Research on these nickel-coated copper nanowires has continued with application as catalytic electrodes for water photolysis, and the results have been published in a recent issue of Angewandte Chemie.[6-7] Nickel and cobalt-coated copper nanowire network electrodes were fabricated with seven times better transparency than the 80% transparency of ITO. The electrodes, which function at the oxidation half-reaction of the water-splitting reaction, are also flexible.[7]

Dark-field optical microscopy of a network of copper nanowires.

Dark-field optical microscopy of a network of copper nanowires.

(Duke University image by Zuofeng Chen.)

The Duke research was funded by the National Science Foundation.[7] Wiley has started NanoForge Corp., a Durham, North Carolina, startup company, to develop such materials.[4]

Scanning electron micrograph of nickel-coated copper nanowires

Scanning electron micrograph of nickel-coated copper nanowires intended for water photolysis.

(Duke University image by Zuofeng Chen.)


  1. US Geological Survey, Indium - USGS Mineral Resources Program, Mineral Commodity Summaries, 2013 (201 page PDF file).
  2. Jennifer Marcus, "UCLA team develops highly efficient method for creating flexible, transparent electrodes," UCLA Press Release, November 21, 2011.
  3. Rui Zhu, Choong-Heui Chung, Kitty C. Cha, Wenbing Yang, Yue Bing Zheng, Huanping Zhou, Tze-Bin Song, Chun-Chao Chen, Paul S. Weiss, Gang Li and Yang Yang, "Fused Silver Nanowires with Metal Oxide Nanoparticles and Organic Polymers for Highly Transparent Conductors," ACS Nano, vol. 5. no. 12 (October 28, 2011), pp. 9877-9882.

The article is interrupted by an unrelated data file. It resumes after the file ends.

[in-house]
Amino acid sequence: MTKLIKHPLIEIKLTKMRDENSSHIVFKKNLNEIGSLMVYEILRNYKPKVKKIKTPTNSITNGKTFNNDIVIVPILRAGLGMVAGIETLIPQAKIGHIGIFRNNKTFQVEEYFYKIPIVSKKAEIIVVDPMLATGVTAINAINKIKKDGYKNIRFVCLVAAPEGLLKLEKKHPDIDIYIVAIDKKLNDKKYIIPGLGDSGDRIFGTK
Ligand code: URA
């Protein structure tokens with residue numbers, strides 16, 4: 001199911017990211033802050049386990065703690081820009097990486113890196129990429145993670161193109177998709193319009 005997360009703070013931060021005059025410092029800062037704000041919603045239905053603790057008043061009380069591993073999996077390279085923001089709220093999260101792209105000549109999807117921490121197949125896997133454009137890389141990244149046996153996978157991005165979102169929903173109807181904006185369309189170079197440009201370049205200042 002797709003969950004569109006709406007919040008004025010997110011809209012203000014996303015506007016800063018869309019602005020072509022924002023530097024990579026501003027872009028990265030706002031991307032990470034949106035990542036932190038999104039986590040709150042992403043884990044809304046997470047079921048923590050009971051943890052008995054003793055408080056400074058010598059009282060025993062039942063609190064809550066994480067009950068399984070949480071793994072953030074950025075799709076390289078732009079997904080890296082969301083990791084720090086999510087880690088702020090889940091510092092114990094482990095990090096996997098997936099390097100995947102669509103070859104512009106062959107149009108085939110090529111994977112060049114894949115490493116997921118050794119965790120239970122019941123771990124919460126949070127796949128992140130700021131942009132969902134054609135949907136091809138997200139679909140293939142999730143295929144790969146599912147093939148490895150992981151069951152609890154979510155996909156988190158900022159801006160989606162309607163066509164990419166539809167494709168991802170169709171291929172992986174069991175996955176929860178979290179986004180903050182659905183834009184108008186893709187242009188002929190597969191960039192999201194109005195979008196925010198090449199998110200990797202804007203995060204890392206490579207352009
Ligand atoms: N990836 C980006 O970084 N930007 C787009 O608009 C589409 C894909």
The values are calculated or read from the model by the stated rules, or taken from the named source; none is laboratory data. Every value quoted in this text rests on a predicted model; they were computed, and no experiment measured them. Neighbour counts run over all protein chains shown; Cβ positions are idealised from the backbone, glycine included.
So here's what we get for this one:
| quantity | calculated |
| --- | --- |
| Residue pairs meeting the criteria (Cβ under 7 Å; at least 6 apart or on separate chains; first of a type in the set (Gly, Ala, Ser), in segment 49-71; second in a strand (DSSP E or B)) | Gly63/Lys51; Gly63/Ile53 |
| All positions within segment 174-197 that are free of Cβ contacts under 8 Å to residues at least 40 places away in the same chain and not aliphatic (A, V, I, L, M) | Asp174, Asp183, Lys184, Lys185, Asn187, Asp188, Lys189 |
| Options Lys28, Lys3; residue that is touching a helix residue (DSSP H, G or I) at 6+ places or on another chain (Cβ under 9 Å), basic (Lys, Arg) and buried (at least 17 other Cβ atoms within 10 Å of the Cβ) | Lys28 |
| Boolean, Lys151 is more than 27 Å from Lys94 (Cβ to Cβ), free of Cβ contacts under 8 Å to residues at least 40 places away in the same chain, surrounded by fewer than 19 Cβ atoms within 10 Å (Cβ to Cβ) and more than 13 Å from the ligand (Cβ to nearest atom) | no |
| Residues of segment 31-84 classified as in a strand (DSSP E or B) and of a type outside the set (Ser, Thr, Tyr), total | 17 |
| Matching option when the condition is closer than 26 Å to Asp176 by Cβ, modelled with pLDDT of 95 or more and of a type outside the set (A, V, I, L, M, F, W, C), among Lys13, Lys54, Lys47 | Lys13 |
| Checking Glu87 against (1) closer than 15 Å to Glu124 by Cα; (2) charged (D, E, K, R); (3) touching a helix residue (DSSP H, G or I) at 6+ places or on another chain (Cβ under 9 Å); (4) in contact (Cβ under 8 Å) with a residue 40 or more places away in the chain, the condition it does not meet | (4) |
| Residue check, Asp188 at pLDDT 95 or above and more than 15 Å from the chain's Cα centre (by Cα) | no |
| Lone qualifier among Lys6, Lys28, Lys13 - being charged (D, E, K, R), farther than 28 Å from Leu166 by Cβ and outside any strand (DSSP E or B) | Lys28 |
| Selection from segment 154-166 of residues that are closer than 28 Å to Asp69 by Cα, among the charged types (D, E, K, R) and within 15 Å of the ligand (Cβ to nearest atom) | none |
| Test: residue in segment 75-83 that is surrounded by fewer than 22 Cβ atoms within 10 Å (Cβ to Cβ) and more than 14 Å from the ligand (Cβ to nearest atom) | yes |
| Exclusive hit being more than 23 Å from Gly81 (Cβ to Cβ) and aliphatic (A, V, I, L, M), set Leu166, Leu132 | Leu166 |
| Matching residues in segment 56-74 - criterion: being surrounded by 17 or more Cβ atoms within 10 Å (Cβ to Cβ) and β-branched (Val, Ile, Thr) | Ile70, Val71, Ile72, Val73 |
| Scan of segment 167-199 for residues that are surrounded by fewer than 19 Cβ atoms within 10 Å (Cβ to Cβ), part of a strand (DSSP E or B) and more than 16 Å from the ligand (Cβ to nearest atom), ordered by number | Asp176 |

4. Ashley Yeager, "Copper-Nickel Nanowires Could Be Perfect Fit For Printable Electronics," Duke University Press Release, May 29, 2012.
  5. Aaron R Rathmell, Minh Nguyen, Miaofang Chi and Benjamin John Wiley, "Synthesis of Oxidation-Resistant Cupronickel Nanowires for Transparent Conducting Nanowire Networks," Nano Letters, vol. 12, no. 6 (May 29, 2012), pp. 3193-3199.
  6. Zuofeng Chen, Aaron R. Rathmell, Shengrong Ye, Adria R. Wilson and Benjamin J. Wiley, "Optically Transparent Water Oxidation Catalysts Based on Copper Nanowires," Angew. Chem. Int. Ed., Online before Print (October 18, 2013), DOI: 10.1002/anie.201306585.
  7. Copper Promises Cheaper, Sturdier Fuel Cells, Duke University Press Release, November 22, 2013.